The new CEO of the National Association of Insurance Commissioners (NAIC) says there is a limited role for the federal government in insurance in partnership with state regulators but there is “no need for dual regulation.”
Ben Nelson, former U.S. senator from Nebraska and a former two-term governor and insurance commissioner in his state, presented himself as a staunch advocate for state insurance regulation and promised to work at improving the state-based system rather than weakening or replacing it on a conference call today, one day after his appointment was announced.
Nelson said he will respect the two-year “cooling off” period restricting former senators and federal employees in their contacts with government officials. He said he will not be doing lobbying; instead staff members will handle that.
The NAIC represents appointed and elected insurance regulators in all states, the District of Columbia and territories.
Citing coordination between federal and state officials in the wake of Superstorm Sandy as an example, Nelson said he believed state regulators should form a partnership with federal and even international officials but that state regulation itself should be preserved. He said any partnerships must recognize the “importance and value of state regulation.”
He said the NAIC’s focus will be on “how we make the insurance industry responsive to the needs back home” in the states.
He said NAIC will soon be issuing a report on recommended improvements to state regulation.
There are some segments within the insurance industry and consumer circles that support giving insurers a choice of federal over state regulation, arguing that state-based regulation is not effective or efficient in dealing with large national and global insurers and issues.
The Dodd-Frank Wall Street Reform Act created the Federal Insurance Office (FIO) within the Treasury but Nelson said the law does not give a regulatory role to the FIO or to the federal government and, he said, “nor should there be a regulatory role” for the federal government.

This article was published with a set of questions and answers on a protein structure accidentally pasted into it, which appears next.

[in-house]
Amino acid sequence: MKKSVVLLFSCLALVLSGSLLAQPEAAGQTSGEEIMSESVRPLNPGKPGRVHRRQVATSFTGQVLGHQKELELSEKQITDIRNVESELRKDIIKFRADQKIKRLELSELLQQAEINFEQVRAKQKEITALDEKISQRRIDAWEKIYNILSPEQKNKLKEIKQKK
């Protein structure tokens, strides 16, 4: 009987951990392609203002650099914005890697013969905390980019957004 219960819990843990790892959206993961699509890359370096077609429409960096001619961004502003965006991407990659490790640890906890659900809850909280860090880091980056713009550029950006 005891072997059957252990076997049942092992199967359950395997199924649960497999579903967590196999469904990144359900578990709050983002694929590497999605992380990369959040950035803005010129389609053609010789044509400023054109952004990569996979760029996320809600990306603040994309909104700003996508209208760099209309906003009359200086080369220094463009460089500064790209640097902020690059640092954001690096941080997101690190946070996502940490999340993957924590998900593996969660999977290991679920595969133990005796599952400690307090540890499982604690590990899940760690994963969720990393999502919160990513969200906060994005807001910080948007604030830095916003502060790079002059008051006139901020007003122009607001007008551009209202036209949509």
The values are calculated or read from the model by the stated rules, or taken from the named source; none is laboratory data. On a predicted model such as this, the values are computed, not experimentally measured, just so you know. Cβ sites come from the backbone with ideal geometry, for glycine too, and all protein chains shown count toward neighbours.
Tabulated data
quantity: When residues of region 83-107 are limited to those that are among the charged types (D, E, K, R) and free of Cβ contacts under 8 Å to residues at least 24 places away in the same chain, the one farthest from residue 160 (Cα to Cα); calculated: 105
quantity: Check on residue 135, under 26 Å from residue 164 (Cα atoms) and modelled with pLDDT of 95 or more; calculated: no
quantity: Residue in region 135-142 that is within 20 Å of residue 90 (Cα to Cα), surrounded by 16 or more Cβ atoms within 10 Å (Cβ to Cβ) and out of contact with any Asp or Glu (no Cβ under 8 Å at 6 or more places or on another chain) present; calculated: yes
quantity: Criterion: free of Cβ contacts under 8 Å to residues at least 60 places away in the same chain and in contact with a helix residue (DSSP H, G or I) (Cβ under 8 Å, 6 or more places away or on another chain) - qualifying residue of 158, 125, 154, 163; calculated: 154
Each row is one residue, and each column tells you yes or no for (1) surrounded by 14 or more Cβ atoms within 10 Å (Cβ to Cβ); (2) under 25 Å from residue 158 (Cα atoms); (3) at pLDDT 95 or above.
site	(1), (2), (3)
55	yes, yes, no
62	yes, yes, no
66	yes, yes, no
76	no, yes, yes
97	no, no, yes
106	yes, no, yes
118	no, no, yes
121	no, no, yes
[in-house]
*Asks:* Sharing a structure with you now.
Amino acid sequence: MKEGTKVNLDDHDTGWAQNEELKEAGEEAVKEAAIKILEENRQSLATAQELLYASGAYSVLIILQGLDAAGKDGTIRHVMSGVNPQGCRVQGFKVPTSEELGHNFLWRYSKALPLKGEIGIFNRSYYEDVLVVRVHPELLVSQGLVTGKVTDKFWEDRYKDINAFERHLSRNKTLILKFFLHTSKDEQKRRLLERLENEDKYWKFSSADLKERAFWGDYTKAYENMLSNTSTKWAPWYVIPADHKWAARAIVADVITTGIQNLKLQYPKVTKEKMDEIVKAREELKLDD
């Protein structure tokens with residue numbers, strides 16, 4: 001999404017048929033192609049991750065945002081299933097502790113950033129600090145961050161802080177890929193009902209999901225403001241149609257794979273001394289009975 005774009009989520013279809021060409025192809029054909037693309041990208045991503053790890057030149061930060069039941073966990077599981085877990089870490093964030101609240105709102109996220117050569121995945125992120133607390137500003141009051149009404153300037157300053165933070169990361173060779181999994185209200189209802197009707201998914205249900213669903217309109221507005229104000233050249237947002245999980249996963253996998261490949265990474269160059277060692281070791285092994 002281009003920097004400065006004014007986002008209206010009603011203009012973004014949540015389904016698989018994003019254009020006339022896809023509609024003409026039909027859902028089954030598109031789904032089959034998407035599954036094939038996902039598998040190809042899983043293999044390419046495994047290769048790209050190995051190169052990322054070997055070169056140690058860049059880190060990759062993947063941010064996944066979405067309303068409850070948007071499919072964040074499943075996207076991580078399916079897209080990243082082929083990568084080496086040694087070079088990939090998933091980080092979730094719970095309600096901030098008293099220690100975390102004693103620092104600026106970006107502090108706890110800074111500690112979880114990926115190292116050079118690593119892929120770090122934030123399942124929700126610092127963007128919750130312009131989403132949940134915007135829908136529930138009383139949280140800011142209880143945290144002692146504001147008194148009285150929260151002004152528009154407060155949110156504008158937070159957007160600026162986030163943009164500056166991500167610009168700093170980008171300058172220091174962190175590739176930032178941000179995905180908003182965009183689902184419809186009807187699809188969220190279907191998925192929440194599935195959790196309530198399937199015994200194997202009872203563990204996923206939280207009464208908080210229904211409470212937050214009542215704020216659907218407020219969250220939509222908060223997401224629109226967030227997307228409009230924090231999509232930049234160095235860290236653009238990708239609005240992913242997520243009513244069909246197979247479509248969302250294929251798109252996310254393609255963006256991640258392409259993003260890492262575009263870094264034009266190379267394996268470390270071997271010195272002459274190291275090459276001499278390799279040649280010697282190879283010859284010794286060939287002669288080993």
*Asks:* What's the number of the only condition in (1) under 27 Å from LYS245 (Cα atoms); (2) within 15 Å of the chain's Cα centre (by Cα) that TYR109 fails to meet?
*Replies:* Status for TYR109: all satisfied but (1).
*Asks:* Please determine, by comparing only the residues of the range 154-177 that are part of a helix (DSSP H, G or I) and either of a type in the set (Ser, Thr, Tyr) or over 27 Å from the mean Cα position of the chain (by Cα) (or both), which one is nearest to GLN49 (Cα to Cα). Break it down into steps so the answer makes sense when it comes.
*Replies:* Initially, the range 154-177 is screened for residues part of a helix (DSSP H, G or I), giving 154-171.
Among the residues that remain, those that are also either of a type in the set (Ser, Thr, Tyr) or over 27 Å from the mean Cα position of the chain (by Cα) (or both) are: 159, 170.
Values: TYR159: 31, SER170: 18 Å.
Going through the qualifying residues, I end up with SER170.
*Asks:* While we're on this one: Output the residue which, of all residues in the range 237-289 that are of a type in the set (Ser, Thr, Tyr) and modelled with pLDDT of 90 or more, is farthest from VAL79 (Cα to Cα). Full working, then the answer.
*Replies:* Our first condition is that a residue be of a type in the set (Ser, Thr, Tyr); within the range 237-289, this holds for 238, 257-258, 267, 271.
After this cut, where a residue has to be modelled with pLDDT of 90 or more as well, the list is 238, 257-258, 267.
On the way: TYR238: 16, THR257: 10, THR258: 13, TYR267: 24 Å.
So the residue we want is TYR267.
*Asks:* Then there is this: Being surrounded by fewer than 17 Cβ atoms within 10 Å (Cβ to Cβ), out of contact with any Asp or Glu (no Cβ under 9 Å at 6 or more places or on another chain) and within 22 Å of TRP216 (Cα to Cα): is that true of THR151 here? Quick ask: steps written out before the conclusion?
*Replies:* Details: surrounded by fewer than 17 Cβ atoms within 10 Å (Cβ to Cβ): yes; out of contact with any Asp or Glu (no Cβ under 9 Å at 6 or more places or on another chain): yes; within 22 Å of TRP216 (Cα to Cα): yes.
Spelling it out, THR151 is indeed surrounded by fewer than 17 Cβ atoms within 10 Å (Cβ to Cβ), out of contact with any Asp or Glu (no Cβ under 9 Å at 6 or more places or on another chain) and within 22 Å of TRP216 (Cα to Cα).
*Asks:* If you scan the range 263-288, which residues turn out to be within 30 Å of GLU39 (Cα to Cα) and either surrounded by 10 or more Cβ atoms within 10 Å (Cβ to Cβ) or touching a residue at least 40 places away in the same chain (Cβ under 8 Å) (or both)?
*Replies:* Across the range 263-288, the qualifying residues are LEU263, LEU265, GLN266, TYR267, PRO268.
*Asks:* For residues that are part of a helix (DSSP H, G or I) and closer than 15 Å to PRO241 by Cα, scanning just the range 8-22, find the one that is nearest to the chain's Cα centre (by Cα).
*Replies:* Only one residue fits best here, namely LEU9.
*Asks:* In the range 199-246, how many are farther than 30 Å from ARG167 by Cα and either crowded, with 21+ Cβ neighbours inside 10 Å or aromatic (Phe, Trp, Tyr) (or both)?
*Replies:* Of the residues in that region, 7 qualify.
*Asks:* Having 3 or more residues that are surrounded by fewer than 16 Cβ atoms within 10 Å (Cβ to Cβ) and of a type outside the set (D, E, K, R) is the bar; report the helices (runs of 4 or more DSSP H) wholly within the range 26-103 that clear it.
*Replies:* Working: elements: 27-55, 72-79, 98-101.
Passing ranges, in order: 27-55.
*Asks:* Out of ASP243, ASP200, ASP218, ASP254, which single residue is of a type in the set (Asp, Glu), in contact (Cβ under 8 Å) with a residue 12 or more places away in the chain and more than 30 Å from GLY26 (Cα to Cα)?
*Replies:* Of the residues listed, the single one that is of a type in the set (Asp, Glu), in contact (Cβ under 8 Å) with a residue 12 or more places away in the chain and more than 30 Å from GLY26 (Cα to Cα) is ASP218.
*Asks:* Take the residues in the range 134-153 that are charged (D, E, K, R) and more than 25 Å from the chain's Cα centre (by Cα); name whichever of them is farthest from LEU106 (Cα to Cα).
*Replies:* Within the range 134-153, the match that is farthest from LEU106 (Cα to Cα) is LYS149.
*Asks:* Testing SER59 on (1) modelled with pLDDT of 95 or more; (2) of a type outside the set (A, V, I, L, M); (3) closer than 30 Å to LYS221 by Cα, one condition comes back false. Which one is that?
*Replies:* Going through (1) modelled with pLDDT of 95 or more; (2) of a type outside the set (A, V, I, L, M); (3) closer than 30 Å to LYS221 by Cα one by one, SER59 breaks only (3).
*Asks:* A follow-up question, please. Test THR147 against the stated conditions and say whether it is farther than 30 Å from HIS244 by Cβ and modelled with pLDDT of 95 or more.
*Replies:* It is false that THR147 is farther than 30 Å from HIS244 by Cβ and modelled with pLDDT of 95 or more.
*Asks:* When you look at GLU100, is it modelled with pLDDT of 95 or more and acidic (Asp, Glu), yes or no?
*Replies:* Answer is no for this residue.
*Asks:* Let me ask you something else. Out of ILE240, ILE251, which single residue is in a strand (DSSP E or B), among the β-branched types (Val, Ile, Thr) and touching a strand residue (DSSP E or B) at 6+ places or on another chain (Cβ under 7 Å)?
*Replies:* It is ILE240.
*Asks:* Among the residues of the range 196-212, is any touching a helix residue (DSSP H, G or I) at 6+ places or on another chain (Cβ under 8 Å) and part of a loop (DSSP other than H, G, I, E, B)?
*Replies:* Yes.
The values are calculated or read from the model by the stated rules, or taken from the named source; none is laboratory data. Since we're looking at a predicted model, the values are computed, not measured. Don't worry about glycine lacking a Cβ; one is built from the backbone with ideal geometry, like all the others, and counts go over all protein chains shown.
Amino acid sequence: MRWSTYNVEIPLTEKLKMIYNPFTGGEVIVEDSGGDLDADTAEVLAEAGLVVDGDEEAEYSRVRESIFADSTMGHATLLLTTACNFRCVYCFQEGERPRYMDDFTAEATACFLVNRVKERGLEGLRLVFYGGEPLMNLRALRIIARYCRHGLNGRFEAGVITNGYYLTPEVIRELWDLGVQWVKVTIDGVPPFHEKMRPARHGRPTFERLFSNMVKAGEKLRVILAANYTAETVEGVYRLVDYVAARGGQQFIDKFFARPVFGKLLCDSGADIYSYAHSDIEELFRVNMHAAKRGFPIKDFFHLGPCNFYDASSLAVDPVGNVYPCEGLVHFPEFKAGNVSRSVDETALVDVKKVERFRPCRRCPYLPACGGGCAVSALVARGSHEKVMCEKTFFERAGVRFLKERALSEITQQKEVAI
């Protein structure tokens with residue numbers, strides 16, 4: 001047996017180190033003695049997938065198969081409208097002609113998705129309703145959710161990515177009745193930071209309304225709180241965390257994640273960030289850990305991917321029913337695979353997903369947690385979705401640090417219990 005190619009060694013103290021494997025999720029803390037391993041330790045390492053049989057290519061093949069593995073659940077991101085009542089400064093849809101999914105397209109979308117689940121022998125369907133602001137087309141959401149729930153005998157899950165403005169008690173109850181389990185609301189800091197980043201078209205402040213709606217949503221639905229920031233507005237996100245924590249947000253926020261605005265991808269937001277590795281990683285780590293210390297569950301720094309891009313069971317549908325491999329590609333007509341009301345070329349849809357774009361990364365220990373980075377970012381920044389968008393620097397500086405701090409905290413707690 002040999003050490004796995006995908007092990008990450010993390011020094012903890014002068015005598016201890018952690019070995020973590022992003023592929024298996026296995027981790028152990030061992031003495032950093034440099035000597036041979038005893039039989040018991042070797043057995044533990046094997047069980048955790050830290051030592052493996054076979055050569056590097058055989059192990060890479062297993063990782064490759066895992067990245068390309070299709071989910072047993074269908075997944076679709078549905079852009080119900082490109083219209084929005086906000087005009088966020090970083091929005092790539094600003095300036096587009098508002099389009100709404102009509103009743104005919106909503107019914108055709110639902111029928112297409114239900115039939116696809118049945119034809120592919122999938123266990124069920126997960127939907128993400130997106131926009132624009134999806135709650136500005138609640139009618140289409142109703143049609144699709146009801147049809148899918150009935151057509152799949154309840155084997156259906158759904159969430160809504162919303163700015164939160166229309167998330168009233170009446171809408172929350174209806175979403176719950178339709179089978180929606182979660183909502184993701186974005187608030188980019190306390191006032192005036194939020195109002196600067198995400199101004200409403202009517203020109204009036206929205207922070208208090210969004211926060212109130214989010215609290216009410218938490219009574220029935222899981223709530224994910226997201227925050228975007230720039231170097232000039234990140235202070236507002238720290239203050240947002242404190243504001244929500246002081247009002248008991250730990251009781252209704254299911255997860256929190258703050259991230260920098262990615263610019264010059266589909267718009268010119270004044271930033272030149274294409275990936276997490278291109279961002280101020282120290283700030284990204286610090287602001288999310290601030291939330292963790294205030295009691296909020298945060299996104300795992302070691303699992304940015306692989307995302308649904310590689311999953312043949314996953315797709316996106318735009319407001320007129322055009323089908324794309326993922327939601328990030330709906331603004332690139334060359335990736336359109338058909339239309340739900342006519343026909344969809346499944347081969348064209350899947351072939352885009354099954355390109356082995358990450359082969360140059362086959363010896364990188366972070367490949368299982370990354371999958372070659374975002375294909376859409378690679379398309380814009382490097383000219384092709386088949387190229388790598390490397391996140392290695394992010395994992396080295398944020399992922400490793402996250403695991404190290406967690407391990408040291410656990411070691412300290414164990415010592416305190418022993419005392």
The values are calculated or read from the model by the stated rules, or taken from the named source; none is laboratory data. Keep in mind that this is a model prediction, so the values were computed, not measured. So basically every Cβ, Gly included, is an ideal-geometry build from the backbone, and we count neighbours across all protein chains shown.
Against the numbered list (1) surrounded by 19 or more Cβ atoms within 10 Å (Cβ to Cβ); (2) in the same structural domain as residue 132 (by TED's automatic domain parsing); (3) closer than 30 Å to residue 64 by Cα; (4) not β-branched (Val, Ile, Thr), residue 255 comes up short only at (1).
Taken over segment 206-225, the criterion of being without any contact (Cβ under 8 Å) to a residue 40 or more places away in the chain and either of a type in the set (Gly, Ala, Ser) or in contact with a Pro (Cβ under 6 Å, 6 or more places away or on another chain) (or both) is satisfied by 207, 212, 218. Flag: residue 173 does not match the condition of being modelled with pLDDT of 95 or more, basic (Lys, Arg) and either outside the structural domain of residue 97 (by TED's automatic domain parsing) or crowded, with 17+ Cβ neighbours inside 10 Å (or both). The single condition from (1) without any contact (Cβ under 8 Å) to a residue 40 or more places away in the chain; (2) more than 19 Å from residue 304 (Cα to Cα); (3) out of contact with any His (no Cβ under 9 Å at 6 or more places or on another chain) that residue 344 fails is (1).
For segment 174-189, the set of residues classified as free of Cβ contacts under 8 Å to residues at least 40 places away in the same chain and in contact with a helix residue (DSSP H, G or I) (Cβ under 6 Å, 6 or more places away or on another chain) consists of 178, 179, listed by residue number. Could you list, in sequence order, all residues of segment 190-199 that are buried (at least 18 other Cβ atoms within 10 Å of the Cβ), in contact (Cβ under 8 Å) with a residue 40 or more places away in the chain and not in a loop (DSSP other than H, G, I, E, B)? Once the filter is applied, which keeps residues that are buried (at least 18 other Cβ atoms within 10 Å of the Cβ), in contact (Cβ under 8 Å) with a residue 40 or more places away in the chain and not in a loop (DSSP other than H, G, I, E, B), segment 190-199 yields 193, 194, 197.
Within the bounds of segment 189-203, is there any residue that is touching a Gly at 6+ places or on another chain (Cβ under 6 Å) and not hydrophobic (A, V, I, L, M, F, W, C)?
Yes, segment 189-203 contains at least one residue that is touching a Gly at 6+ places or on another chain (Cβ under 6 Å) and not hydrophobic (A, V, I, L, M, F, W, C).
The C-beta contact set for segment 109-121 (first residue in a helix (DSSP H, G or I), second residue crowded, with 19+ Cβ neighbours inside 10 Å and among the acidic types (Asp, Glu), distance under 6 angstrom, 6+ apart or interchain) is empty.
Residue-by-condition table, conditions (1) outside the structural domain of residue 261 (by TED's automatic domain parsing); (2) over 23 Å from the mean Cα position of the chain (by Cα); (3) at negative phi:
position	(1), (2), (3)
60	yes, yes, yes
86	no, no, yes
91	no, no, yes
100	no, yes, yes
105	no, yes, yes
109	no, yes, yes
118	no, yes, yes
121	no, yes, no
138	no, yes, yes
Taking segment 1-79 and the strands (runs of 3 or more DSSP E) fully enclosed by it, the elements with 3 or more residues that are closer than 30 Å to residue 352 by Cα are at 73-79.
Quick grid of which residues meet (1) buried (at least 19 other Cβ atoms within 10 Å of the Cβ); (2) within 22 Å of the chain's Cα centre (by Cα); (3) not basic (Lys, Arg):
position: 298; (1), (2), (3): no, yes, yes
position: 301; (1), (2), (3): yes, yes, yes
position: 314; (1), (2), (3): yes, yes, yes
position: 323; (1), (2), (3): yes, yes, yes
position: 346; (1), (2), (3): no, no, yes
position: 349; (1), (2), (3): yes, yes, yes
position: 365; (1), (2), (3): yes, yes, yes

NAIC President-Elect Adam Hamm, who is North Dakota insurance commissioner, hailed Nelson as the right person for the NAIC’s top staff job, saying he has the “perfect resume” for the CEO position.
Nelson said he had been in discussion with other associations before agreeing to the NAIC position, for which he has signed a two-year contract with an annual base salary of $950,000. He said the salary is competitive with similar association jobs on Capitol Hill.
That salary may be for part-time work. Financial information firm SNL reported on Wednesday that Nelson may be splitting his time between the NAIC and a Washington public affiarss firm, Agenda, for which he serves as policy expert.
SNL also reported that Nelson’s campaign coffers and personal investments have been heavily oriented toward insurance and financial services. The insurance industry supplied Nelson’s Senate campaign with $1.6 million in donations between 2000 and 2012. His personal assets have included investments in Berkshire Hathaway, Genworth Financial and American International Group, according to SNL.
The move is a return to the NAIC for Nelson, who served as executive vice president and chief of staff for the NAIC from 1982 to 1985.
Why would he return to the NAIC?
“Times have changed…issues have changed,” he said, citing in particular the growing interest of federal and international officials in insurance regulation.
Nelson replaces NAIC Acting CEO Andrew Beal, who stepped into the role after former CEO Dr. Therese M. Vaughan left the association in November. Beal now returns to his roles as chief operating officer and chief legal counsel.